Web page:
Tanzanian President Samia Suluhu Hassan on Monday shared COVID-19 statistics of her country after more than a year.
In her maiden televised address since becoming Tanzania’s first female president, Hassan said 70 patients in the country were hospitalized in critical condition, noting that 70 others had been admitted to hospitals and placed on ventilators.
It marked the first time Tanzania was sharing its COVID-19 statistics since May 2020, despite international pressure to do so.
Tanzania’s previous president, John Magufuli, died in March this year. Magufuli’s death came after two weeks of speculation about his health on suspicion of contracting COVID-19.
He had declared COVID-19 defeated in the country, attributing it to God’s help, even when the World Health Organization (WHO) urged the government to cooperate and shed light on its COVID-19 figures.
Magufuli’s administration had denied the existence of COVID-19 in Tanzania.
According to Tanzania’s The Citizen news website, Hassan in her statement Monday said that as soon as she took over the government after Magufuli’s death, “she immediately embarked on ways of adopting the globally accepted measures of preventing the spread of the coronavirus, including adopting vaccines.”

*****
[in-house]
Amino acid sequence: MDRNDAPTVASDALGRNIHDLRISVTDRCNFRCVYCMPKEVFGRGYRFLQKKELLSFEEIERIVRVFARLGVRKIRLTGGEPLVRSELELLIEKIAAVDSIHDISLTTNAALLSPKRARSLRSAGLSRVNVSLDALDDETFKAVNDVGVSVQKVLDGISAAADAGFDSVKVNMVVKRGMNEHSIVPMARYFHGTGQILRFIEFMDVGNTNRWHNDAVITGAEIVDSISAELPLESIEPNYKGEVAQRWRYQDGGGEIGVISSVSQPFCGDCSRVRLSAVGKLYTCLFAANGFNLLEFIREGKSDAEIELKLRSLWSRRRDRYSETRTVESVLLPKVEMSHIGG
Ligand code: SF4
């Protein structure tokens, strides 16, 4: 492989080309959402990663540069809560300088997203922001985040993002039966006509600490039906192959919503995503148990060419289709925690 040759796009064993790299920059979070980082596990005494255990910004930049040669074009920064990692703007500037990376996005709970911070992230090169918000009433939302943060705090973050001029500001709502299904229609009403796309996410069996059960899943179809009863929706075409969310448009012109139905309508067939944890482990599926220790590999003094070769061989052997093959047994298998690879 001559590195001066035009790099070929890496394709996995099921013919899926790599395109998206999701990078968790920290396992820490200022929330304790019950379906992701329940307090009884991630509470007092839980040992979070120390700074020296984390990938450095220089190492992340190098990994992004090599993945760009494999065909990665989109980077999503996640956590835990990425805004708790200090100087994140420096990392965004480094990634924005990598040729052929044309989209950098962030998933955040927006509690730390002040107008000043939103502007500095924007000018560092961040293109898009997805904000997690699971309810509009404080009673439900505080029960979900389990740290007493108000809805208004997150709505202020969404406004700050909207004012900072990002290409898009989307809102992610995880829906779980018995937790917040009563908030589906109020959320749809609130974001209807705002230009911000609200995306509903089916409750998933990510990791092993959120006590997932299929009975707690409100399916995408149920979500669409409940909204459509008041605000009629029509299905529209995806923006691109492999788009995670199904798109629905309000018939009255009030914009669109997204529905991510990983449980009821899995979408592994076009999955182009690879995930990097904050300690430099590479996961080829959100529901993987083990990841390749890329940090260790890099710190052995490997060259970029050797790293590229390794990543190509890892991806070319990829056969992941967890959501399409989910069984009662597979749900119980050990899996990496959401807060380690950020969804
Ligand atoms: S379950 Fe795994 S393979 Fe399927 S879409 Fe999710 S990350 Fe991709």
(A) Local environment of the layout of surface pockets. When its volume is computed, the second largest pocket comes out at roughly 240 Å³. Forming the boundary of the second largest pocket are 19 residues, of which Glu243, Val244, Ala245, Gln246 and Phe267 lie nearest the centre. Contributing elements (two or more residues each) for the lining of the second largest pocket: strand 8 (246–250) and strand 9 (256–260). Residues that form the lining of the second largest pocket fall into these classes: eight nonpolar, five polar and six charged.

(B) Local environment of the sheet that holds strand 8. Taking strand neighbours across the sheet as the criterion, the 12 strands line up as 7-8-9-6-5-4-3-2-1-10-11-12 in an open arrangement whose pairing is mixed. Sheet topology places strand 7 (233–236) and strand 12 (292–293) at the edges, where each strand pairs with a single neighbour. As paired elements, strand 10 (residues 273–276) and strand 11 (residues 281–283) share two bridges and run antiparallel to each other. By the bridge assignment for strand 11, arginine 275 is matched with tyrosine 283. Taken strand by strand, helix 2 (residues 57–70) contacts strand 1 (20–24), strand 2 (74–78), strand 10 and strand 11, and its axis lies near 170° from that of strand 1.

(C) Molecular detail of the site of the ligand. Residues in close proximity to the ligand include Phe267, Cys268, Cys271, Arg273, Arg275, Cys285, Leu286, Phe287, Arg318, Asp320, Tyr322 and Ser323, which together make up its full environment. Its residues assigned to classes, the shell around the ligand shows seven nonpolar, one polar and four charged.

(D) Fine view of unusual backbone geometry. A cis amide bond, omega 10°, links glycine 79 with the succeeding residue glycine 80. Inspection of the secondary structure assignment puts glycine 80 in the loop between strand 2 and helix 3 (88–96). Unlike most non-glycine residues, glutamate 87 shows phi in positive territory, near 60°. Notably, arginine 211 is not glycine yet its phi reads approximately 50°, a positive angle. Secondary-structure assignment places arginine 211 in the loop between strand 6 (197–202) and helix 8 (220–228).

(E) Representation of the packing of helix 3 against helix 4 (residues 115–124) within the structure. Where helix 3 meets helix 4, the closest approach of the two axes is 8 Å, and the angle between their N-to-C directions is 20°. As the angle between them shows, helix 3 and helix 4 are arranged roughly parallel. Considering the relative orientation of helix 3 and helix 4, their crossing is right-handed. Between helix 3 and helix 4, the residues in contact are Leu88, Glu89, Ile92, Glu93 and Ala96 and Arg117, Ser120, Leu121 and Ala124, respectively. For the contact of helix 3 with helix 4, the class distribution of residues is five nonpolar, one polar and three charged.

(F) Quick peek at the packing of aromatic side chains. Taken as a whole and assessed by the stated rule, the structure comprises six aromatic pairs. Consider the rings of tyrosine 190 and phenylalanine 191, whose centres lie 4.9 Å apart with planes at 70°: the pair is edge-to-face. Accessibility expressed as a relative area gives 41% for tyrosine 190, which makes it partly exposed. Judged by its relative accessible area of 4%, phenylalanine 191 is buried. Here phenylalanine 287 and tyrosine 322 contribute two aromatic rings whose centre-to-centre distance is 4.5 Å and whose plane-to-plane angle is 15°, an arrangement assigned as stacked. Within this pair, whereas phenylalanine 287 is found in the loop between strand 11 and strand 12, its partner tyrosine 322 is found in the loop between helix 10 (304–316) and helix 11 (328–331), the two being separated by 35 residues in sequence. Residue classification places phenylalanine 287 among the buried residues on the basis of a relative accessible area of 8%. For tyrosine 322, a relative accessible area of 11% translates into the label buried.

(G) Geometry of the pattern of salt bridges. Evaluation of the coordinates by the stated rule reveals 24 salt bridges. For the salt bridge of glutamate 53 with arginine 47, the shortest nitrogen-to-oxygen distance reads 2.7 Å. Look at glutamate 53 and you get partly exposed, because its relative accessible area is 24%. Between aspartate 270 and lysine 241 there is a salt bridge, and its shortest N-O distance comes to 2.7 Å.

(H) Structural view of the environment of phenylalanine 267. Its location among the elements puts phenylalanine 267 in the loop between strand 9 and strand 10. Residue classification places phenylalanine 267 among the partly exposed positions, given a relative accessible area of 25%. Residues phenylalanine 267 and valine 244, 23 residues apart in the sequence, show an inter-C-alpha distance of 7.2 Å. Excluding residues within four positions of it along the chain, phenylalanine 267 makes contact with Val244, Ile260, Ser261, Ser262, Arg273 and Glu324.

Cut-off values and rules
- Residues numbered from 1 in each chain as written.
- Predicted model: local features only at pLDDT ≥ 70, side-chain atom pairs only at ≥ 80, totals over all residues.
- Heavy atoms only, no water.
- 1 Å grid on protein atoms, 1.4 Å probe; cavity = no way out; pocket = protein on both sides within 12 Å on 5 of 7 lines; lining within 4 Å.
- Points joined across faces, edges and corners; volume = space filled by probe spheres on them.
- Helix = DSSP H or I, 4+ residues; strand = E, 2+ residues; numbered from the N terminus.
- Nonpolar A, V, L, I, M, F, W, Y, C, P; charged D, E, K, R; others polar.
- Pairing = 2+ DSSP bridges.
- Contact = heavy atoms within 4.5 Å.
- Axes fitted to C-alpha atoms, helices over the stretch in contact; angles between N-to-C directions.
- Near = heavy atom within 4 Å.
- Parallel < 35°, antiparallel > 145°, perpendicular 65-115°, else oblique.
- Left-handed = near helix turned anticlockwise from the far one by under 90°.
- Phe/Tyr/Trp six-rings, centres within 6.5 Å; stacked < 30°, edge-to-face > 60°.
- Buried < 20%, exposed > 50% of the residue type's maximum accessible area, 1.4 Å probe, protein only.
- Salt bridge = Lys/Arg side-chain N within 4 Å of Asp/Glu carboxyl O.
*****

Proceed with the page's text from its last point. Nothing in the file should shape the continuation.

She announced that Tanzania will spend $470 million to purchase COVID-19 vaccines and ensure that businesses affected by the pandemic are bailed out of the situations they are in.
Hassan also announced that Tanzania had registered for the COVAX program and plans to immunize its population soon.
“We have $470 million to order vaccines and equipment to use in the fight against the coronavirus,” she said, without disclosing the type of vaccine Tanzania is planning to buy.
Hassan assumed office for the remaining period of Magufuli’s five-year term according to the country’s laws.
Magufuli had previously urged Tanzanians not to observe measures put in place to curb the spread of the coronavirus, declaring the disease eradicated from his country.
He urged Tanzanians not to seek COVID-19 vaccines but to observe religious rituals and inhale herbal-infused steam to protect themselves from disease, including the coronavirus.
His administration also refused to share data on COVID-19 infections since May 2020, prompting countries across the globe to warn their nationals against travelling to Tanzania, citing a high risk of contracting the disease.
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